You can try to pipe roses directly on cake, which is possible, but it’s a bit tricky. If you have never piped roses before, begin by using a piping nail, which looks like a very large thumbtack and allows you to pipe the rose on the flat, top surface. Either way, you follow the same directions; if you are piping on the cake, instead of twirling a piping nail around, you will find it much easier if your cake is on a decorating turntable and you will have to work your pastry bag at more angles to form the rose properly. I like to pipe roses with Italian Meringue Buttercream Frosting. Put your rose piping skills into action with our Buttercream Roses Sheet Cake.
Adapted from The Birthday Cake Book: 75 Recipes for Candle-Worthy Creations (Harvard Common Press, 2008) by Dédé Wilson. Photos by Melissa Punch.
1. Use a dab of frosting to affix a small square of parchment to a #7 icing nail. Pipe a small ½-inch tall cone onto the paper using a #12 tip.
2. Using a #104 tip, hold the pastry bag so that the narrow end of the tip is facing up and just touching the cone. Begin to apply pressure on the pastry bag with one hand and twirl the nail slowly with the other at the same time; you are piping the first inner petal and it should completely encapsulate the top of the cone.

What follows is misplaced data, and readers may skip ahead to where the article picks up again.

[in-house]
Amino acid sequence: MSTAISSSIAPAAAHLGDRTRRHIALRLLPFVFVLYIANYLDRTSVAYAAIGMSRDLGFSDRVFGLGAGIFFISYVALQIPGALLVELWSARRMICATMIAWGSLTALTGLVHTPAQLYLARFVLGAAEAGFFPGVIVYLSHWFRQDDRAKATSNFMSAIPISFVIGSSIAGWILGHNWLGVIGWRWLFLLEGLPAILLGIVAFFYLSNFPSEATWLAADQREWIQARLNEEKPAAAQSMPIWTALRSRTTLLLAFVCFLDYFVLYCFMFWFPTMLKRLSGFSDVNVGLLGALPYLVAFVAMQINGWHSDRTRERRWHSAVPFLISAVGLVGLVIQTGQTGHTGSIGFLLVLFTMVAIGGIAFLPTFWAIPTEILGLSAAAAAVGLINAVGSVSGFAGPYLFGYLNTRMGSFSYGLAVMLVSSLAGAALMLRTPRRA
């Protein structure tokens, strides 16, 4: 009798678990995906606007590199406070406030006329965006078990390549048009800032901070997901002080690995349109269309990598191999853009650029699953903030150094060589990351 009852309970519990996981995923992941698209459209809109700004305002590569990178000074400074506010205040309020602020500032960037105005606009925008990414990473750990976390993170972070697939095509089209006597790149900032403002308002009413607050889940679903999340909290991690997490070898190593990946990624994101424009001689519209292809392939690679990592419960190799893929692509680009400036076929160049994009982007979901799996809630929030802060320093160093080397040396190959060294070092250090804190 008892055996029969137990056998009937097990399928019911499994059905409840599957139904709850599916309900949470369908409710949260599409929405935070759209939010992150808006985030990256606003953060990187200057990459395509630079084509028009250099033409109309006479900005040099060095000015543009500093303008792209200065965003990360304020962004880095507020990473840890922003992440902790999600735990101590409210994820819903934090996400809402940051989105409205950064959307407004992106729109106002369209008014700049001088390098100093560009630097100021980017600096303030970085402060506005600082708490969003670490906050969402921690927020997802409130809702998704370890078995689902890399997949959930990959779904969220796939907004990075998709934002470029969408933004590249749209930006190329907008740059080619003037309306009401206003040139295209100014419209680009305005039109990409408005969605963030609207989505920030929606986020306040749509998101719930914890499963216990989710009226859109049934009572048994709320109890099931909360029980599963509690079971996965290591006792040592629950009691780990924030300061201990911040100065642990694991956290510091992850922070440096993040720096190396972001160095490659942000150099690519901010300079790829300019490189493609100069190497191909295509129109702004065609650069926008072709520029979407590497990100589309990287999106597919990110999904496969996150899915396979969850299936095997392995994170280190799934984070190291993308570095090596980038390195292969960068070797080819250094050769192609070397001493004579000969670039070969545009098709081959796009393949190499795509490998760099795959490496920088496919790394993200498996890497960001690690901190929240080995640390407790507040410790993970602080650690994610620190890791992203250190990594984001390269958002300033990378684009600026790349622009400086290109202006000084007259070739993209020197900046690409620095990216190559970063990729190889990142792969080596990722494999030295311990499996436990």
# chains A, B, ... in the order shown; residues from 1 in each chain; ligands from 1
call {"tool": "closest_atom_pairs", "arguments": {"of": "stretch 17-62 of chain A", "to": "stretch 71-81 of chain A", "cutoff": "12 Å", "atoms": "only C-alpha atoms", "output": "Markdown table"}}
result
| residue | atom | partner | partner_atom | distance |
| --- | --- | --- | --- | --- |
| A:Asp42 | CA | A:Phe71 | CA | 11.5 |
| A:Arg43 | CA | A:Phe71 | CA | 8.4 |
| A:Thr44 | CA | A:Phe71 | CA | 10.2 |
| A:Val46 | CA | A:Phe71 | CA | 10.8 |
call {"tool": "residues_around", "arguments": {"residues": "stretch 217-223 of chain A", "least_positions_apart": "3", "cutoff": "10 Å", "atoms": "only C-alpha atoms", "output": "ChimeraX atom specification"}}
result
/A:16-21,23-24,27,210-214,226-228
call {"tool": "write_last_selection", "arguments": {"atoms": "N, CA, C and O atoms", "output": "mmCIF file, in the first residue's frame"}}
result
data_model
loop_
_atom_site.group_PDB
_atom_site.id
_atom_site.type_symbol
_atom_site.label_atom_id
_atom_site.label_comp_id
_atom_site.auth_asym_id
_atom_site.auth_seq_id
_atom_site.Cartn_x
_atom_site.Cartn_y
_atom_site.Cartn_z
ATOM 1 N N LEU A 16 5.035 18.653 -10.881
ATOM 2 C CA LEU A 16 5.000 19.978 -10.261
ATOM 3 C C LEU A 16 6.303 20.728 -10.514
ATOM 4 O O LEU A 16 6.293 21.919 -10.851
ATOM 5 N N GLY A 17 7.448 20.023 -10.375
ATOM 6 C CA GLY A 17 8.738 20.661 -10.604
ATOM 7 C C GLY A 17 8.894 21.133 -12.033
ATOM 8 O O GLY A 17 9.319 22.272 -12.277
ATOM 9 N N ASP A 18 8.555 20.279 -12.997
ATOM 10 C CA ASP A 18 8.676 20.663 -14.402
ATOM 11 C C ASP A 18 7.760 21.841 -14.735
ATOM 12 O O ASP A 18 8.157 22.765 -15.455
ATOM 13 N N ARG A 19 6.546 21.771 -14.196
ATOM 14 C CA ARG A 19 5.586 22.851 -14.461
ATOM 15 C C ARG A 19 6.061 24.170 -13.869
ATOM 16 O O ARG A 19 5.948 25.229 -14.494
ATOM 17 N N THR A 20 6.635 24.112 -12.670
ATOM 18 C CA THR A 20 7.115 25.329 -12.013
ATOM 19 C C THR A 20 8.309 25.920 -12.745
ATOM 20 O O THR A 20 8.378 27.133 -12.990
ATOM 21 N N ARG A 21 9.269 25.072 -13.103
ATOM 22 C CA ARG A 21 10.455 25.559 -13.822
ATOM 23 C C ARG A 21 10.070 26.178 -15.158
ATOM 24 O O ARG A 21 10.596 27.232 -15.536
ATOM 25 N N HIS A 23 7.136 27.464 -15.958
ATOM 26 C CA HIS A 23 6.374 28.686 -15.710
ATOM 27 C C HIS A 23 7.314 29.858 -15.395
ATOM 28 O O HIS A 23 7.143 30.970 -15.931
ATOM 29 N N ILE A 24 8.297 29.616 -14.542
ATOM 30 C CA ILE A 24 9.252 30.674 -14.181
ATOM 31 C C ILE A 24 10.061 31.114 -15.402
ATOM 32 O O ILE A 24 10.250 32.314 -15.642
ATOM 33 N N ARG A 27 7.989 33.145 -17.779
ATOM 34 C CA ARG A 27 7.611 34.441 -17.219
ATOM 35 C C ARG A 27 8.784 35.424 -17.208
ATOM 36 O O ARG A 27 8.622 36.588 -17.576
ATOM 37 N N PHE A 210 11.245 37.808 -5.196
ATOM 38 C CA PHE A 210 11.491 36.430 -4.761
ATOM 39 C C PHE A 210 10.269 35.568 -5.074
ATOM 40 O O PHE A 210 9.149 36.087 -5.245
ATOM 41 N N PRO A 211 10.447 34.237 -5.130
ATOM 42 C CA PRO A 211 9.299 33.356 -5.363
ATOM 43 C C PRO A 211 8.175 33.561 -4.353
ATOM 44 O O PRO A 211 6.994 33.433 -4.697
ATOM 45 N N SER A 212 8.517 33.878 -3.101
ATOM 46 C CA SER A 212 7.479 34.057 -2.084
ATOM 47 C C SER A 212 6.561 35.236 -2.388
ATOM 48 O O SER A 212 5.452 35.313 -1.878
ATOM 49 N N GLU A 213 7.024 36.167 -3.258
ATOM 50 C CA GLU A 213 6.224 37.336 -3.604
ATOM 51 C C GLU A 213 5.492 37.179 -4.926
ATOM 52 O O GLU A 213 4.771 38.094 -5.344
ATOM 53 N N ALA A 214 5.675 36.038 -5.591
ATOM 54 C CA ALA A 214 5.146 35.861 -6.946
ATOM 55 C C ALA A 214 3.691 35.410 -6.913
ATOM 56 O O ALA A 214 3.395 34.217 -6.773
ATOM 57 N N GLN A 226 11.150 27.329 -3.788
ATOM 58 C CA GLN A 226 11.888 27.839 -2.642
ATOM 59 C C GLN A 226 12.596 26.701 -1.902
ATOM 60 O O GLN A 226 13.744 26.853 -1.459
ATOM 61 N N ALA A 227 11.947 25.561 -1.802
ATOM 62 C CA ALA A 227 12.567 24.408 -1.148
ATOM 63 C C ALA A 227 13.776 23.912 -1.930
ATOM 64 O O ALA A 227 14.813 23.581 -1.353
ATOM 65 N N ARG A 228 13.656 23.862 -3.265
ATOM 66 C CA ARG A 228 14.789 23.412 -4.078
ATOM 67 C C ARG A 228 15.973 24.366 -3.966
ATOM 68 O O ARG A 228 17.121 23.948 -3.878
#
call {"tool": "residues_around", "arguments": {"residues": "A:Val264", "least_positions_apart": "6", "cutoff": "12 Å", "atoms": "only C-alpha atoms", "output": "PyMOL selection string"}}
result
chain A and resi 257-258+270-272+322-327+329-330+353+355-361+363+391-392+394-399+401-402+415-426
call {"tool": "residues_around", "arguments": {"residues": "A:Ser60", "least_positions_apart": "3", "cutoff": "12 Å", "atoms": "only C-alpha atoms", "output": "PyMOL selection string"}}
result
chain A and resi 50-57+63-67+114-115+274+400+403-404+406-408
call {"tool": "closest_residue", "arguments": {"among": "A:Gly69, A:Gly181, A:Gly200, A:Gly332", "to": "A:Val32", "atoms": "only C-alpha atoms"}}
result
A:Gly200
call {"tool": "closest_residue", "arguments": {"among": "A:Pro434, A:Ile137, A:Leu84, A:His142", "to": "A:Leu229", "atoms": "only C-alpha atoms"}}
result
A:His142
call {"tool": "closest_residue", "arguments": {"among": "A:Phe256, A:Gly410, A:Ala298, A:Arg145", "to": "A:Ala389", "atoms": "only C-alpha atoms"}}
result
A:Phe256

3. Make the next petal by turning the nail and piping an arched petal that goes about halfway around the inner petal. The following petal is the same and there will now be two petals encapsulating the first inner petal. You now have a small rosebud, which, if you like, can be left as is.
4. Subsequent petals will be larger. The next layer consists of 3 petals spaced evenly around the rosebud. You can add more petals, if desired, for a larger rose. When the rose is finished, remove parchment square and refrigerate until rose is firm, at least 1 hour, at which point it is easy to transfer them to the cake using a small offset spatula.